Camera Repair: 1954 Brownie Bull’s-Eye

This afternoon I spent a couple of hours doing not-very-orthodox Thanksgiving things, like trying to fix the lenses on my little Bull’s-Eye.

I picked it up along with a Kodak Instamatic 50 and an Argus Argoflex Seventy-Five for $15 at a local garage sale- only to find that somehow, along it’s looonnnggg life span, the Bull’s-Eye got submerged or was in a very humid place- there was white fungus in the lenses and around them.

My grandfather loaned me two screw drivers and some lens cleaner, and I set out disassembling the small camera. It came apart easily, and I quickly discovered how cool the inside of the camera looked. I took of the face plate, the back, and several layers of metal- only removing about six screws. We popped off the rubber lens-holder (terminology is not really great, sorry!) and got the two lenses apart. After cleaning them carefully with q-tips and lens cleaner, we put everything back together, all without a hitch!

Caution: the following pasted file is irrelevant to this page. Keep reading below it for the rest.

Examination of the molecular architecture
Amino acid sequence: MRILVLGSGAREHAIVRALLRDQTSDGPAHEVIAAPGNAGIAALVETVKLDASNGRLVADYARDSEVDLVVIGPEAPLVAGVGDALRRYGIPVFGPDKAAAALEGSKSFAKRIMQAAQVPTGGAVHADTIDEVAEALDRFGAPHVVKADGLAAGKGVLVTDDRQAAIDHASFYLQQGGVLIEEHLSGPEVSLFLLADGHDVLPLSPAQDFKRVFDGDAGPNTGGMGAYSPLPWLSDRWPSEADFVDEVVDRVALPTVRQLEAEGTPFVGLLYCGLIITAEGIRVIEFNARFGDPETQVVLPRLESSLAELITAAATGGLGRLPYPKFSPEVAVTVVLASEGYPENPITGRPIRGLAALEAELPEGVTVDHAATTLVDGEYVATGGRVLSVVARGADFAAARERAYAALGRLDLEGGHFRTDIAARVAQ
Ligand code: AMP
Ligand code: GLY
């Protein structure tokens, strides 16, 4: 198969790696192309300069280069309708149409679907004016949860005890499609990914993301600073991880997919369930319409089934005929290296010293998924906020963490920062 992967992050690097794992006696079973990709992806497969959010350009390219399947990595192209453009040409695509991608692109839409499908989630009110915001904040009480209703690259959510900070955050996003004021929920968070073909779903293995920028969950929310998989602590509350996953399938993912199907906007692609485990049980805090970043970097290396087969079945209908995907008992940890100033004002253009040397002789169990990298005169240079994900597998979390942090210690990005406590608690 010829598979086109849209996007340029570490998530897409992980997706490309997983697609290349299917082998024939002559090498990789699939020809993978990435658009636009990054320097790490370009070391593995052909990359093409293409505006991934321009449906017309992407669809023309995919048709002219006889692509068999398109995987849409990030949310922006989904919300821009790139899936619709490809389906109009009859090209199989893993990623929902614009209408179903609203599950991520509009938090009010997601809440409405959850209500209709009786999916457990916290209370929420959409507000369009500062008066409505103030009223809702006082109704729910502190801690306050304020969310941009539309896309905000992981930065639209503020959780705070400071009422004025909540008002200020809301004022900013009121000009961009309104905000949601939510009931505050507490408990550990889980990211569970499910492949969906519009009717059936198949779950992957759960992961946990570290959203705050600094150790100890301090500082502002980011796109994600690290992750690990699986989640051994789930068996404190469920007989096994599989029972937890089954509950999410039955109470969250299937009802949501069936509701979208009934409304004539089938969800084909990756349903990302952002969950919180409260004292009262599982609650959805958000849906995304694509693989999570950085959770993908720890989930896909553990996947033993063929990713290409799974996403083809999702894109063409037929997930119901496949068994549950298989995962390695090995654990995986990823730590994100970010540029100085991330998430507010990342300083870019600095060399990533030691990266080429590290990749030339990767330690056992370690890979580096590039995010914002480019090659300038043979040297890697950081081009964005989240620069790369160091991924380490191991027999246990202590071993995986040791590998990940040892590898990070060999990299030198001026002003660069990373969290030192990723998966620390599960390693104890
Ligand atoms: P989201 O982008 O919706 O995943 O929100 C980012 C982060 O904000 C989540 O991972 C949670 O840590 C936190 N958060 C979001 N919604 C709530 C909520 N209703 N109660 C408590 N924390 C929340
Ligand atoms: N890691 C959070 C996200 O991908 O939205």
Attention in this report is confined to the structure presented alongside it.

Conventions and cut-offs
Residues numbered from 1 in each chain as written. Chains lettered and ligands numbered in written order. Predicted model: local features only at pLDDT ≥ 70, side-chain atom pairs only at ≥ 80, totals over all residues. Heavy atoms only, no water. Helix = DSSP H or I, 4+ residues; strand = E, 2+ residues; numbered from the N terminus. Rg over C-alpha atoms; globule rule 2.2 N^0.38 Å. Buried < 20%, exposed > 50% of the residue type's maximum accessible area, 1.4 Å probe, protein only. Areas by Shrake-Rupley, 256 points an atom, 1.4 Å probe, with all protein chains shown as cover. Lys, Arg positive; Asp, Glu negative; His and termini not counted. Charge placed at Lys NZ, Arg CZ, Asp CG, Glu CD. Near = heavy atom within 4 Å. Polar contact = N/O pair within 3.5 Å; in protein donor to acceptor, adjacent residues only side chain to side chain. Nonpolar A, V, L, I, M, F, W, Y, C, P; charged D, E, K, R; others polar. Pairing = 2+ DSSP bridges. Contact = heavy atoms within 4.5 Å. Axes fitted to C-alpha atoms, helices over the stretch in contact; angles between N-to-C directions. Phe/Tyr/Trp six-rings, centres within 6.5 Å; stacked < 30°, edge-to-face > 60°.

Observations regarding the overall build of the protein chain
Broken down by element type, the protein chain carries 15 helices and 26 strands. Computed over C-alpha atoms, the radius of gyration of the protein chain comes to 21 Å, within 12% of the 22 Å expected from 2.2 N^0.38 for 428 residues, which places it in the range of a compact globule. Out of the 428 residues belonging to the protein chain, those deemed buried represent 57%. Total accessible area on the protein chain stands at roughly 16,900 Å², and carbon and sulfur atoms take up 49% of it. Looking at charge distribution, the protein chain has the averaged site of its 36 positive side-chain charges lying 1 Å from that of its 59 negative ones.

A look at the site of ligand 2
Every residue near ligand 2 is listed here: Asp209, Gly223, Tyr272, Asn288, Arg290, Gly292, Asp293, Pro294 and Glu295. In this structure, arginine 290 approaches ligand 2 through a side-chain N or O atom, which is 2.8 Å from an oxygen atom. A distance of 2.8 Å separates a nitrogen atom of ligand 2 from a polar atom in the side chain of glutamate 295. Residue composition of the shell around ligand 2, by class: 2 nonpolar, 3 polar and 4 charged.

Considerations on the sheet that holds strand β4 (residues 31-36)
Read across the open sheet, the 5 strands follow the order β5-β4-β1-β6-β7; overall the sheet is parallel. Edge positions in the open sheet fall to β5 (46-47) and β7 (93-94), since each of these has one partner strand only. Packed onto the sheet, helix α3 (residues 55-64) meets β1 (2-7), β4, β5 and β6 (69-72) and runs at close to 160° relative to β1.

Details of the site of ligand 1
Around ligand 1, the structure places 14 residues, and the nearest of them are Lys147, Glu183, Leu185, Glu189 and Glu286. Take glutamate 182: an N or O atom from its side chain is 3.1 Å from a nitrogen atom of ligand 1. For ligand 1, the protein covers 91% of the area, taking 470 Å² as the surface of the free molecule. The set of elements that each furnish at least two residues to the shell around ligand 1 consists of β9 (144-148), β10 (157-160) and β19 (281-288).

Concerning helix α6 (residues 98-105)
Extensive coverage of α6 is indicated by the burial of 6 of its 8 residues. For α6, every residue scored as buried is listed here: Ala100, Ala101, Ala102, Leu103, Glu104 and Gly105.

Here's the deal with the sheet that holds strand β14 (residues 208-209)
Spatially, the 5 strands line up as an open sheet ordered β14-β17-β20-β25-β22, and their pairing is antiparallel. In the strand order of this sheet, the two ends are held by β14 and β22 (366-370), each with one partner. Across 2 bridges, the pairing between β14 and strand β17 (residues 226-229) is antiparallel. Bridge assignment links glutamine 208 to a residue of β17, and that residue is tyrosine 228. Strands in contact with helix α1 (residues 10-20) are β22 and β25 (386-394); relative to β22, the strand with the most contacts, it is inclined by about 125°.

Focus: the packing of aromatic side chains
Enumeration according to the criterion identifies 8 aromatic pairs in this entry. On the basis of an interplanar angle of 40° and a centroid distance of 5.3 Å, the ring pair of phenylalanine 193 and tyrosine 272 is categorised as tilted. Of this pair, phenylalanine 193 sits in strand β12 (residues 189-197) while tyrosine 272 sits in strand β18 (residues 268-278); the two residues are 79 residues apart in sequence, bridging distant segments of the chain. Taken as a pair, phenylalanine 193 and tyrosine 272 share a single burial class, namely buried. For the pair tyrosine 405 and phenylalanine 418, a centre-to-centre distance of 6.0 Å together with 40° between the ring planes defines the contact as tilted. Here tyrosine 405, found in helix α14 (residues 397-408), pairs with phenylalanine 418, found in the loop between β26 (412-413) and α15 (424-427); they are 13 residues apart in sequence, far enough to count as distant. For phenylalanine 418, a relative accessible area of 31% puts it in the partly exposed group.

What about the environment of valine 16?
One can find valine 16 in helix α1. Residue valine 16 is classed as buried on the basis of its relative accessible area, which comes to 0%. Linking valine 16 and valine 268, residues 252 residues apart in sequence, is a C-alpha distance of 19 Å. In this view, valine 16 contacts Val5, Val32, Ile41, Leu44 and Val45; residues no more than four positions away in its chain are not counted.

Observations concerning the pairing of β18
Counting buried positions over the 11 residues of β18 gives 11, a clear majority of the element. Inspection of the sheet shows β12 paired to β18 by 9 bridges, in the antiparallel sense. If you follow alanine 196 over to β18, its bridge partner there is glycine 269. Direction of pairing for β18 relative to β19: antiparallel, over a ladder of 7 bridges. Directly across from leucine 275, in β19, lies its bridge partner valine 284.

Now the Bull’s-Eye is actually usuable! It even came with the Midget flash, and some unused Sylvania M-3 flash bulbs, so I am all set to begin using it!

P.S.: I don’t use 620 film- mostly because it’s rare and WAY too expensive when you can find it. What I do instead is grind down a regular 120 mm spool with a metal file and clip it on the edges with a nail clipper until it fits just like a regular 620 spool- it’s effortless and super easy to do. You can definitely do it yourself- don’t buy the $10.99 re-spooled film you find on eBay, you can do it yourself so easily it’s not worth it.


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